Sunday, March 23, 2008

SIGMA More Than SciFi

I've heard rumours of a science fiction writers group that advises national/homeland security officials for years, but this is the first time I've actual confirmation of the group, called SIGMA. (Of course it's called SIGMA. They're science fiction authors, they're going to have a cool name.)

SIGMA is apparently a loosely organized group of around 24 authors who advise Department of Homeland Security Undersecretary Jay Cohen, head of the science and technology directorate. Aside from Cohen simply liking their ideas, this makes sense - science fiction often becomes science fact, not just because the authors inspire the people who become scientists (show me someone at NASA right now who wasn't a Star Trek fan growing up), but because they seem to have a knack for prognostication: the cell phone, cyborg, robot, MRI and CT scans, even the very idea of the internet itself, can all be traced back to science fiction. And the same can be said for the biological: I've mentioned Frank Herbet's The White Plague here before, and think it's still one of the most scarily accurate visions of what DIY bioterrorism will end up looking like.

Given this, it's with extreme disappointment that I read about the latest SIGMA offering, which comes from Larry Niven, best known for Lucifer's Hammer and his Ringworld books. Niven's suggestion is, and I'm just going to quote it, to
spread rumors in Spanish within the Latino community that emergency rooms are killing patients in order to harvest their organs for transplants.
Niven goes on to acknowledge, after his sometimes-writing partner and fellow SIGMA member Jerry Pournelle pointed out how politically incorrect the idea is, that while it might not be possible to implement, it would work, and that
"The problem [of hospitals going broke] is hugely exaggerated by illegal aliens who aren’t going to pay for anything anyway.
Not that I think it's necessary, but I'd like to just go on record saying that this is by far one of the stupidest ideas I've heard in a while (and I've spent most of the day reading about bad romance novel tropes, so that's really saying something), and that not only would it spectacularly fail in its intent, it would have several other major impacts on social health as a whole:
  1. It's not just illegal immigrants who speak Spanish. Put that rumour out there and it's going to fly around Spanish speaking communities and right into the English speaking community, and do nothing but reinforce the fears that doctors are evil, and willing to kill people for their organs. We have doctors being stupid all by themselves, and don't need the help of rumours to feed the persistent social fear that if you're an organ donor a medical team won't work nearly as hard to save your life.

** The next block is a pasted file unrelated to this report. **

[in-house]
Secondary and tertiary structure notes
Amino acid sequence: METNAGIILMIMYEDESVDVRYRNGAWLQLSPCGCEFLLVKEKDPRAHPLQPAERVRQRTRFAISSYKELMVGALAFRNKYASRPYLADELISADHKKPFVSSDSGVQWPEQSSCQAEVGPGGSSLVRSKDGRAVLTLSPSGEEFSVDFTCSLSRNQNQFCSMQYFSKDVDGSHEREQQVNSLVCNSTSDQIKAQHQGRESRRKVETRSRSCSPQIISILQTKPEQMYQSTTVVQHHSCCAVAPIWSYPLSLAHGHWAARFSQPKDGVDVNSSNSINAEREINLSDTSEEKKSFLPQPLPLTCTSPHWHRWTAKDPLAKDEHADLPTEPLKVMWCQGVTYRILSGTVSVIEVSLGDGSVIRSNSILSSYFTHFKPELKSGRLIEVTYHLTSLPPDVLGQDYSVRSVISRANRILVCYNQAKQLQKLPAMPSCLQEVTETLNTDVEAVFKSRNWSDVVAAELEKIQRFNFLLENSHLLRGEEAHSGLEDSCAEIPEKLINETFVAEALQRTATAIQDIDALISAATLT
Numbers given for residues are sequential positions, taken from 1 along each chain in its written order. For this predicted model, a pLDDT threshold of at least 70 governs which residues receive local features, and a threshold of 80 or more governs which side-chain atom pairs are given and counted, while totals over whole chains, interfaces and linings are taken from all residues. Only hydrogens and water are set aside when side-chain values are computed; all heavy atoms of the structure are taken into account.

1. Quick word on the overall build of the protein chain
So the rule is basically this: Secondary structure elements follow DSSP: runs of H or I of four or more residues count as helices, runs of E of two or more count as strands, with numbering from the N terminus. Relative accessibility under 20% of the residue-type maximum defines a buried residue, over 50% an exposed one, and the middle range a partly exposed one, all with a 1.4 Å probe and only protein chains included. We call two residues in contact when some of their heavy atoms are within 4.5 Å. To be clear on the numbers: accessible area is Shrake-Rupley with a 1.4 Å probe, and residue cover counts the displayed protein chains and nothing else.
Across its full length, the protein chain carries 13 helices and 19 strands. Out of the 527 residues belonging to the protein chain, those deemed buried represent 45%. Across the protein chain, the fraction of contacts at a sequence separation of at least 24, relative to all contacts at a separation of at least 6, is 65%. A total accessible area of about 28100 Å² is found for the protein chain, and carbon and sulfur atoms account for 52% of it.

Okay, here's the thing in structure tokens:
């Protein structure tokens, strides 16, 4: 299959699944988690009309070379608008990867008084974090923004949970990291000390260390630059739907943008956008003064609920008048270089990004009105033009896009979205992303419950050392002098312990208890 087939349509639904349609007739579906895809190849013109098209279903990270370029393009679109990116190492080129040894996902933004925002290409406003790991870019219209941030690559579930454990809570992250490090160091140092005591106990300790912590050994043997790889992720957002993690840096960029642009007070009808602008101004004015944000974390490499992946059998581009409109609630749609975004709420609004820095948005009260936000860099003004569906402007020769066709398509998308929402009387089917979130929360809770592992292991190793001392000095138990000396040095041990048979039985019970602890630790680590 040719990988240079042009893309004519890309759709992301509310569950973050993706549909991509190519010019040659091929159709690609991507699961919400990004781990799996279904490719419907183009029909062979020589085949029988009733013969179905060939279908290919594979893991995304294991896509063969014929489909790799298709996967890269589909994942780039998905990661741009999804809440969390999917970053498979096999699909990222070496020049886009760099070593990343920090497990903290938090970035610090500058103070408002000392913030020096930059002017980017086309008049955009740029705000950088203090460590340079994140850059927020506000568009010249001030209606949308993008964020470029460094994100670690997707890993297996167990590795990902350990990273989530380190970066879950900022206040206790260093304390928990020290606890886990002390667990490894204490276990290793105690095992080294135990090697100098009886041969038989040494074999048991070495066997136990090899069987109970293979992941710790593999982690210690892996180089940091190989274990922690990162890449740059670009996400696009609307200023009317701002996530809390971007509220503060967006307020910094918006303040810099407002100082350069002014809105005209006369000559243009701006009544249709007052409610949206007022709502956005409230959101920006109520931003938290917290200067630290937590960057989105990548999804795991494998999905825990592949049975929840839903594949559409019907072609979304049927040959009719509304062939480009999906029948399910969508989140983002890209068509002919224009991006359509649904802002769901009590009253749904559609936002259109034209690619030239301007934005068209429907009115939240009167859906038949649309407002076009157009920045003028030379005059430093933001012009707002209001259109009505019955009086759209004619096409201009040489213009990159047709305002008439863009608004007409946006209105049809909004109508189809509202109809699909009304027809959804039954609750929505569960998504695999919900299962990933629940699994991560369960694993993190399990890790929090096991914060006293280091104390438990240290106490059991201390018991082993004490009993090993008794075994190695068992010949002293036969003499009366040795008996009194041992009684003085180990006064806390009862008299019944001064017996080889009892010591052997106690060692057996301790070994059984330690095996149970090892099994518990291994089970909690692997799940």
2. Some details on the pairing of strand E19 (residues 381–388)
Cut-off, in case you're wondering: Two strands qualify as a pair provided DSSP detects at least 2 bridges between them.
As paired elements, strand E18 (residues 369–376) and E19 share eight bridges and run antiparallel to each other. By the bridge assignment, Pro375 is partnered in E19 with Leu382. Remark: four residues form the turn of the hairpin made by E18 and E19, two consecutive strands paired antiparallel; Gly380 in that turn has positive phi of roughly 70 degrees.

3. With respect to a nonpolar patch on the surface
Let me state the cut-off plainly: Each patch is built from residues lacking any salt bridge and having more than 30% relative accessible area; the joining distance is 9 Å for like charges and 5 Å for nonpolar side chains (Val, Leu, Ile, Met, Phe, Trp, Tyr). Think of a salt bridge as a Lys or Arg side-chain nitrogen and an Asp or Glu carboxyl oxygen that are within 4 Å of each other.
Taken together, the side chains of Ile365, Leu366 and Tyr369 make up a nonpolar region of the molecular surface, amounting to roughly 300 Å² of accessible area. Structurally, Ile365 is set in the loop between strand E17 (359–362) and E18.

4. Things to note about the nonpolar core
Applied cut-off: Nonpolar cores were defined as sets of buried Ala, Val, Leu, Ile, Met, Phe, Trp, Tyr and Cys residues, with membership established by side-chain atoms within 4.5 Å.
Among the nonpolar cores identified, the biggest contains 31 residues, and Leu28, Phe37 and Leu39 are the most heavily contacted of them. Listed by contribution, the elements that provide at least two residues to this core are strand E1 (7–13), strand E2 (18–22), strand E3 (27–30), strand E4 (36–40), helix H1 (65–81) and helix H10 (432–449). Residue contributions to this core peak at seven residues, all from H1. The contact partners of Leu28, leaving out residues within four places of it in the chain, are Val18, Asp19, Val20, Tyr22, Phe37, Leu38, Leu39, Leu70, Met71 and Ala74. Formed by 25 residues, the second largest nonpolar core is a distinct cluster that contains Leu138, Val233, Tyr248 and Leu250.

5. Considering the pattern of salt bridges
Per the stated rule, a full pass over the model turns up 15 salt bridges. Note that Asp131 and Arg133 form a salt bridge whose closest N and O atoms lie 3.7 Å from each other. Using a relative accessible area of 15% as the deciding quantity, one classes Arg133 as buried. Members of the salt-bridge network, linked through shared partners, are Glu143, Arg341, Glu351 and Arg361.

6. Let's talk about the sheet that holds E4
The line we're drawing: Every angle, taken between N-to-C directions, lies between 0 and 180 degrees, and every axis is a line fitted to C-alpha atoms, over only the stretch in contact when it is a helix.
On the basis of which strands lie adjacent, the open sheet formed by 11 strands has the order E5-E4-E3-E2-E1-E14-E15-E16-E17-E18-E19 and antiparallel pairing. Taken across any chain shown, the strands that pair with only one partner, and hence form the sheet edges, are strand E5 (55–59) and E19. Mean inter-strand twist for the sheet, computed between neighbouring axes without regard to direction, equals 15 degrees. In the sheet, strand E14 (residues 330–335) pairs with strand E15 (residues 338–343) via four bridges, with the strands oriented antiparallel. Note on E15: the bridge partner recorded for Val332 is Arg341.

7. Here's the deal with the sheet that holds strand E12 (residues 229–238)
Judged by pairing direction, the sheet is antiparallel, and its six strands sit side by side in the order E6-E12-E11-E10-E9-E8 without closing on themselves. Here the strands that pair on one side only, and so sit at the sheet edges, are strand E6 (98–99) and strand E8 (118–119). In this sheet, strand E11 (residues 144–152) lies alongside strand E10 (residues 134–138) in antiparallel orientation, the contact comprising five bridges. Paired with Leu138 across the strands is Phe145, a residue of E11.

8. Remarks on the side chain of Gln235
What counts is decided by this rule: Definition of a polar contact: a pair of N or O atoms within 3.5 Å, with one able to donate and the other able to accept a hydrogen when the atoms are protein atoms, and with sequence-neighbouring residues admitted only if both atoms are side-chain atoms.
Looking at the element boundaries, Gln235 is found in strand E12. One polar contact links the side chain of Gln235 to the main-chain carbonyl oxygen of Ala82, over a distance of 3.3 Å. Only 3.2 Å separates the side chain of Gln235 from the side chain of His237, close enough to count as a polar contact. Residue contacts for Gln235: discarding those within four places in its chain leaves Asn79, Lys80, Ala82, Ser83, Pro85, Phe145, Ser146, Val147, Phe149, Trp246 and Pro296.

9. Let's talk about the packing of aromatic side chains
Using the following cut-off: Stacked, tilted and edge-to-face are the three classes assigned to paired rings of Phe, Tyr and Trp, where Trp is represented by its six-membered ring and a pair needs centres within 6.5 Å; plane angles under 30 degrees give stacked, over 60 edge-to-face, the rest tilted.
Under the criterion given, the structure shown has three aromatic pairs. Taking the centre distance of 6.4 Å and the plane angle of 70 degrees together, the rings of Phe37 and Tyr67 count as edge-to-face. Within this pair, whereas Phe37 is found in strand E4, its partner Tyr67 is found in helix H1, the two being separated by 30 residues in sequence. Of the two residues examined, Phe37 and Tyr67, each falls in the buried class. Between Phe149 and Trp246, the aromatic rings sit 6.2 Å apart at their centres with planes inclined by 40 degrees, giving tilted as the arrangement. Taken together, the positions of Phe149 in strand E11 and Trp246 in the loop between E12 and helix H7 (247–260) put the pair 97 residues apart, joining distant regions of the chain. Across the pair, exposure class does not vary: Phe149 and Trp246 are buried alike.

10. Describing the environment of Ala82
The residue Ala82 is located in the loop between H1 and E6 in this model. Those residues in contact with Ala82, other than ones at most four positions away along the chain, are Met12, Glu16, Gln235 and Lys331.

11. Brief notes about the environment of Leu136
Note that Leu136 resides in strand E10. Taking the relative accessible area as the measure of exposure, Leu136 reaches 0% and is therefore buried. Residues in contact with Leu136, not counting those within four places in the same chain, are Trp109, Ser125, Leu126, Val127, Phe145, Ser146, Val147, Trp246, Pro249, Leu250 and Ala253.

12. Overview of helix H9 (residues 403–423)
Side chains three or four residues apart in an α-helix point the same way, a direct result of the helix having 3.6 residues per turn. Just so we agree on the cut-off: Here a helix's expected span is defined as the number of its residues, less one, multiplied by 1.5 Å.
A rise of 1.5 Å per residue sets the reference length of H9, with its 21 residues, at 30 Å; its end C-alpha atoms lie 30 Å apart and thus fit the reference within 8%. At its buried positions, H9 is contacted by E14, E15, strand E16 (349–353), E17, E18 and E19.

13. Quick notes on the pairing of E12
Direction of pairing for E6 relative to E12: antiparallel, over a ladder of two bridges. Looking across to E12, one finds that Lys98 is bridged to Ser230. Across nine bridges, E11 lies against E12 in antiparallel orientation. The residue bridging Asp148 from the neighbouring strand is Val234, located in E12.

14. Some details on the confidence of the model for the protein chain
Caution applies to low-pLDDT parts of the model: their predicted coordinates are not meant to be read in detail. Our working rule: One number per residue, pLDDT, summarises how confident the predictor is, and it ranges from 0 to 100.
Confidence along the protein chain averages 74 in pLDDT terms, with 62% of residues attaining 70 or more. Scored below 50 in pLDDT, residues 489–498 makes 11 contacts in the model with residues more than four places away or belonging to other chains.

2. Public health. If we discourage people from being treated for their illnesses, we're going to have a public health nightmare on our hand, where people are not being treated for common problems, and those common problems will spread through the community. It might not sound bad until you contemplate being one of the many this year who came down with the hellflu - imagine that being a continual concern, or virulent strep throat, not to mention things like whooping cough, meningitis... the list goes on. It would be a health nightmare. And frankly, I don't know about the rest of you, but I have enough of those just knowing what I do about bioterrorism - I don't need any help not finding sleep, I do well enough on my own.

I remain grateful that other science fiction authors did speak up to tell Niven it was a bad idea, and only wish he'd never mentioned it in the first place.

On the, I don't want to say plus side, but other side of the coin, Pournelle spoke a bit about advances in security moving us more towards a republic. I don't know that I agree with him, but the ideas are interesting, nonetheless:
Pournelle said that once mobile phone technology and the devices tacked on them to take pictures and record video become more ubiquitous, then ordinary citizens will be empowered to take security into their own hands — a prediction some have said already has come to pass.

“My guess is we won’t need quite so many paid agents of the state to do that for us, which means maybe we can try being a republic instead of an incompetent empire,” he said, then railed against the Transportation Security Administration for treating passengers like “subjects” rather than “citizens.”

-Kelly, who thinks she ought to get cookies for resisting the urge to go the route of the gripping hand in this post

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